One of Candy’s short-term goals is to keep his dog. The other men want him to get rid of it.
Candy’s dog is very old, and smells. It cannot eat anything except milk. Candy does not notice the smell, but the other men complain about it.
"God awmighty, that dog stinks. Get him outa here, Candy! I don't know nothing that stinks as bad as an old dog. You gotta get him out." (ch 3)
Candy has had the dog ever since it was a puppy. He is very fond of the dog, even though he knows that it is old and hard to take care of. The dog no long has any real use around the ranch. The men also point out that the dog only suffers. The men tell him he can just get one of the puppies that have just been born, but it’s not the same to Candy. He loves his dog.
Candy’s efforts to keep his dog safe are unsuccessful. Ultimately, he has to let them shoot the dog.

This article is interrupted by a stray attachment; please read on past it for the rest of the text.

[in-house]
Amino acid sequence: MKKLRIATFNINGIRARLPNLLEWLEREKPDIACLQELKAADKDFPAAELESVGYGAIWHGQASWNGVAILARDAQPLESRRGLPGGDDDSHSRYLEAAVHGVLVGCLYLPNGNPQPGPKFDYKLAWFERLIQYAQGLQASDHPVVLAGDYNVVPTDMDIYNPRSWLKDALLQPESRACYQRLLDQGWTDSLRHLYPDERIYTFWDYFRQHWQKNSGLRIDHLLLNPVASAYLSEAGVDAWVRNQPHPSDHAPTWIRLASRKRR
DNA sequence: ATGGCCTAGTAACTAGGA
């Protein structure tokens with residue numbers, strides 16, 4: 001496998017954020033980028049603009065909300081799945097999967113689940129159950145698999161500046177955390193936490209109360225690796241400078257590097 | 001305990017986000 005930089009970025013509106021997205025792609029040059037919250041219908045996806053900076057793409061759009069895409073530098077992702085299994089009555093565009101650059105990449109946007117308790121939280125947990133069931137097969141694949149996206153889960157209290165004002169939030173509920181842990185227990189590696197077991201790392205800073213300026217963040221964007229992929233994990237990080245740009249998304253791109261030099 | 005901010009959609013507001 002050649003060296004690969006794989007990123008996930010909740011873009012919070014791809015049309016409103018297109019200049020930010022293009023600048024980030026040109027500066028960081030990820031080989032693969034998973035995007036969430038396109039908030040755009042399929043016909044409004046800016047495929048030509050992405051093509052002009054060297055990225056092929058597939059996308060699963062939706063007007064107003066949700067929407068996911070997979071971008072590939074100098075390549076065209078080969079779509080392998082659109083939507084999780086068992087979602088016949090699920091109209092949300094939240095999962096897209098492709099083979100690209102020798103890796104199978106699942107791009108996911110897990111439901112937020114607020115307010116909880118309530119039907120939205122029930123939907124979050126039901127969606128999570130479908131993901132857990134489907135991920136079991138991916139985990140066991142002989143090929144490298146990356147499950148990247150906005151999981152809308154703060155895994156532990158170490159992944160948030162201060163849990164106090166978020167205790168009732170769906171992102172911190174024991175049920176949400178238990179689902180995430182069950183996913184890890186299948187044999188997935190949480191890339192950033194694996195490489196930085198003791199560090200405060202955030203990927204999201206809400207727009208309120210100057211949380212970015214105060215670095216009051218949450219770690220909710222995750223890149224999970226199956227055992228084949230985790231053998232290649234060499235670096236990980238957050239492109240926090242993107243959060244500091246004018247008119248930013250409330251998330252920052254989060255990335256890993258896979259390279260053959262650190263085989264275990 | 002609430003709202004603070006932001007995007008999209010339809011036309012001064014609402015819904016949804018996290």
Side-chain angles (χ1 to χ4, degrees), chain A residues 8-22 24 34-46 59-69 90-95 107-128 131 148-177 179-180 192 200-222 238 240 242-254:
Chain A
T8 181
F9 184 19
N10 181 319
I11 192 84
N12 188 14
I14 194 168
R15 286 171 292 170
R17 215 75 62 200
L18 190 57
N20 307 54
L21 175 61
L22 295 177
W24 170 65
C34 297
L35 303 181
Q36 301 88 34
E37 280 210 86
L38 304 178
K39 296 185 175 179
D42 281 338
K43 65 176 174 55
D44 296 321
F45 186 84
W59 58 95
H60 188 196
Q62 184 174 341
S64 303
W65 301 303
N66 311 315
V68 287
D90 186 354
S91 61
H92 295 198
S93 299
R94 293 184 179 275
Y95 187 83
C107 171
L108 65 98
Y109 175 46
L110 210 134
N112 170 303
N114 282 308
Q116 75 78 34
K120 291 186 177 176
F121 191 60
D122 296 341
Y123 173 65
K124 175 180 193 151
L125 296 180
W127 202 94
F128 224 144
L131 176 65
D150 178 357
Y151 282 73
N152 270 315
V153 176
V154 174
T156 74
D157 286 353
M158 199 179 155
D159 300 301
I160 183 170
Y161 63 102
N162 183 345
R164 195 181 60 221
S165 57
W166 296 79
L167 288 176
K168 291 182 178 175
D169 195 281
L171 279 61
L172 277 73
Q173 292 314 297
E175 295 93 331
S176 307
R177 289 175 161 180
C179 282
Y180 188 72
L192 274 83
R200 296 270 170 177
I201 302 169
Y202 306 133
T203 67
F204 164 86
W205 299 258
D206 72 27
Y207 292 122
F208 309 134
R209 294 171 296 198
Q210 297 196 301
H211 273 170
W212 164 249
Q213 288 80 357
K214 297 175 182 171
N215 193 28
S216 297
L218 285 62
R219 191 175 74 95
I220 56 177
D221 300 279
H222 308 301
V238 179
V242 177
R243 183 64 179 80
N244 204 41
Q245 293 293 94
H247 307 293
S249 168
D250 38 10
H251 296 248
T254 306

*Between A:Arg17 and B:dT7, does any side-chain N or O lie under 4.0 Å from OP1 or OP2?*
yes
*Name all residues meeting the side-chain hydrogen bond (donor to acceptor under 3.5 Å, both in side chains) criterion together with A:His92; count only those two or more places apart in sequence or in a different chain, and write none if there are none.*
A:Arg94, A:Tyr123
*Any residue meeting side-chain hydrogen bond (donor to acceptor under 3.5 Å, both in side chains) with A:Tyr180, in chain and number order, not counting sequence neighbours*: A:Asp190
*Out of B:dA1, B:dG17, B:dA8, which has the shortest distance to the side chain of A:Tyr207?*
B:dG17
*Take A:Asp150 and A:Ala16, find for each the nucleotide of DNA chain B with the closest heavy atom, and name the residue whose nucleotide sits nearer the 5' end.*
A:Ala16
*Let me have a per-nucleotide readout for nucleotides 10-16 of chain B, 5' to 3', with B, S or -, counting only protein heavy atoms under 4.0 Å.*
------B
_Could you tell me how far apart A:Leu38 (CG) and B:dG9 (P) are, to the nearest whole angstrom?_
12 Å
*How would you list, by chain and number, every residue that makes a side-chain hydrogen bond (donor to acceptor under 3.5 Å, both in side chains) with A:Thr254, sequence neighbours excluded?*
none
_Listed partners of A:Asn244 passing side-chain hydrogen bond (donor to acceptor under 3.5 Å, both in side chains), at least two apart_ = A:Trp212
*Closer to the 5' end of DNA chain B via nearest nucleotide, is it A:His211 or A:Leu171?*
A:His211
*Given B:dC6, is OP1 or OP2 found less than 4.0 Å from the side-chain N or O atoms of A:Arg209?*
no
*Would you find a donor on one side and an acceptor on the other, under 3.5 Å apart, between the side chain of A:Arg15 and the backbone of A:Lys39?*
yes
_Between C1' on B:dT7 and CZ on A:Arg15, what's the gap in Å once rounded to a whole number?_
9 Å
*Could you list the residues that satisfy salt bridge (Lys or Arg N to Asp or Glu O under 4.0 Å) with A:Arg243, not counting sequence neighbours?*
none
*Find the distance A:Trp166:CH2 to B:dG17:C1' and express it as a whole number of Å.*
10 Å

A shot sounded in the distance. The men looked quickly at the old man. Every head turned toward him.
For a moment he continued to stare at the ceiling. Then he rolled slowly over and faced the wall and lay silent. (ch 3)
Candy considers his dog a metaphor. Candy himself believes that when he is no longer useful they will get rid of him, just as he has to get rid of the dog. Candy’s shooting of the dog also foreshadows George’s needing to shoot Lennie at the end of the story, when he accidentally kills Curley’s wife.